This year alone, more than 300,000 women in the U.S. will likely learn they have the disease. If you or a woman you love is one of them, you need to remember this: More than ever before, women are living longer—and better lives—with breast cancer.
Today, the five-year survival rate for most women with breast cancer is 90%. If cancer hasn't spread beyond the breast, that survival rate is higher. Strides in treatment are a key reason why these statistics are so reassuring.
Most women facing a breast cancer diagnosis will need surgery. Not so long ago, that meant women with breast cancer often had to choose between saving their lives and saving their breasts.
Today, many women with early-stage breast cancer can safely choose a lumpectomy (removing only the cancerous tumor plus some nearby healthy tissue) instead of a mastectomy (removing the entire breast).
When a mastectomy is necessary, some doctors often reconstruct the breast at the same time as the mastectomy. It spares women who opt for breast reconstruction the trauma of separate surgeries.
Doctors also do surgery to help stage breast cancer and find out if it's spread to underarm lymph nodes. Many women today are able to have only one or a few lymph nodes removed, which reduces the risk of lymphedema – a side effect of more aggressive surgeries that’s characterized by a persistent swelling in the arm or chest.
Radiation therapy lowers the odds that cancer will return in the breast following a lumpectomy. The most common type is external-beam radiation—where a machine delivers radiation to the breast.
Traditionally, women needed five days of radiation treatments for five to six weeks. Women today may be able to have far more rapid therapy, including:
• Hypofractionated radiation therapy. Women get larger doses of radiation with fewer treatments, usually for only three weeks.
• Intraoperative radiation therapy. Women get a single large dose of radiation in the operating room right after surgery.
• 3-D-conformal radio therapy. Women receive radiation that very precisely targets where the tumor was removed. This speeds up treatment to twice daily for five days.
Still another advance: Intracavitary brachytherapy. Here a device that delivers radiation is put in the space left in the chest from surgery. Treatment is typically over in five days when the device is removed.
Not all women with breast cancer need chemotherapy, but it's often advised after surgery to kill off any lingering cancer cells that can't be seen, even on imaging tests. It’s also the main treatment for women with advanced breast cancer.
Still, sometimes it's not clear if chemotherapy will be helpful, especially for early-stage breast cancers. The good news: Tests are now available that look at the patterns of certain genes after biopsy or surgery. This information helps sort out which patients will most likely benefit from chemo.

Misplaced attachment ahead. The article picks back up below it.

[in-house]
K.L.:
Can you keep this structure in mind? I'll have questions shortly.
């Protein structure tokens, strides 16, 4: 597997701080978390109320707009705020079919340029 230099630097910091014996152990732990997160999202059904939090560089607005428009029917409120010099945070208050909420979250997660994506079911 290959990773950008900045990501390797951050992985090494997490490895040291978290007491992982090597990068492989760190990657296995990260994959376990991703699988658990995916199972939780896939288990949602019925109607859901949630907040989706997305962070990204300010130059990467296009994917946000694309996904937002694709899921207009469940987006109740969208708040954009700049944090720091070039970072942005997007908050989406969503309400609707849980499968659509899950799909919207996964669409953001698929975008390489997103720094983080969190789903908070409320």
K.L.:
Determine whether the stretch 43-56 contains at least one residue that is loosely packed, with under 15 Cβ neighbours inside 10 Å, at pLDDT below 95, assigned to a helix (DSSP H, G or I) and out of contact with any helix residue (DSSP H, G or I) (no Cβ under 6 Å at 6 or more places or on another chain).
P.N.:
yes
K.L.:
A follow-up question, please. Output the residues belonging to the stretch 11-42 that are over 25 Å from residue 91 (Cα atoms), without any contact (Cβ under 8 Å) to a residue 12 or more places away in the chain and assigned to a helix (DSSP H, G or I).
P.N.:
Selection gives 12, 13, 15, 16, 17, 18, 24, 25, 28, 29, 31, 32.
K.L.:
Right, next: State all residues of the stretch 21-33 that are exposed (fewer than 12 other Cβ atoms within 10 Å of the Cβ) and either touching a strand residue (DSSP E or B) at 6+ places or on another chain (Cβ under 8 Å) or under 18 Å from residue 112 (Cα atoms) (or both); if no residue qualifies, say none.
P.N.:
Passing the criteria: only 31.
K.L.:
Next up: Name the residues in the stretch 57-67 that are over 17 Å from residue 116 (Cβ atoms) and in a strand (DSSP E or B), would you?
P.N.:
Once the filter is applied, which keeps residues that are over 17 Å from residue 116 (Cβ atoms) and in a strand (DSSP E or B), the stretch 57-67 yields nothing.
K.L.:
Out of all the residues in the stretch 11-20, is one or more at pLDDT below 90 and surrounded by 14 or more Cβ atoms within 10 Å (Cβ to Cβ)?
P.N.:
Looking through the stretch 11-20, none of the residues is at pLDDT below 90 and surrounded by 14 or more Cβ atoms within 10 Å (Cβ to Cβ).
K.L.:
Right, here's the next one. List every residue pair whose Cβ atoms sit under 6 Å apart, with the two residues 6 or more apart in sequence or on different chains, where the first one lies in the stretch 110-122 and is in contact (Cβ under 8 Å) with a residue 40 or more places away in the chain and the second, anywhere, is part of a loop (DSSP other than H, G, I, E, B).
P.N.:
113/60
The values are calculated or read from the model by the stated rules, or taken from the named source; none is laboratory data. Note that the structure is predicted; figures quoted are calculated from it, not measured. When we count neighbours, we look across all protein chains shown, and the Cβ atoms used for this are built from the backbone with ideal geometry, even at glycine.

When it’s warranted, giving cycles of some chemo drugs closer together can also improve survival.
About 2 out of every 3 breast cancers grow in response to estrogen stimluation. They're known as estrogen-receptor (ER) positive or progesterone-receptor (PR) positive breast cancers.
Endocrine therapy prevents estrogen from helping these cancers grow. There are several types of hormone therapy, including:
• Tamoxifen, which stops estrogen from connecting to cancer cells.
• Aromatase inhibitors (AIs), which stop the production of estrogen. Generally, AIs are only used in post-menopausal women.
More than ever, doctors know how best to prescribe these drugs and extend lives.
As researchers have discovered more about abnormalities in cancer cells that make them grow uncontrollably, they've designed highly targeted therapies to address these changes.
A prime example: Trastuzumab (Herceptin). It and several other drugs were developed to treat the roughly 1 in 5 women with what's known as HER2-positive breast cancer. These cancer cells have too much of a growth-promoting protein called HER2. Targeted therapy interferes with that protein.
Other drugs, known as PARP inhibitors, destroy cancer cells by preventing the cells from fixing their damaged DNA in women with BRCA gene mutations.
Immunotherapy uses the body's own immune system to recognize and destroy cancer cells. Immunotherapy drugs are showing promise in treating triple-negative breast cancers, which aren't fueled by hormones or the HER2 protein. Compared to other breast cancers, they can be more difficult to treat.
You can read about our Watson Clinic's team of breast health experts and many available treatment options, by visiting Watson Clinic’s Breast Health Services page.
Sources: American Cancer Society; American Society of Clinical Oncologists; National Cancer Institute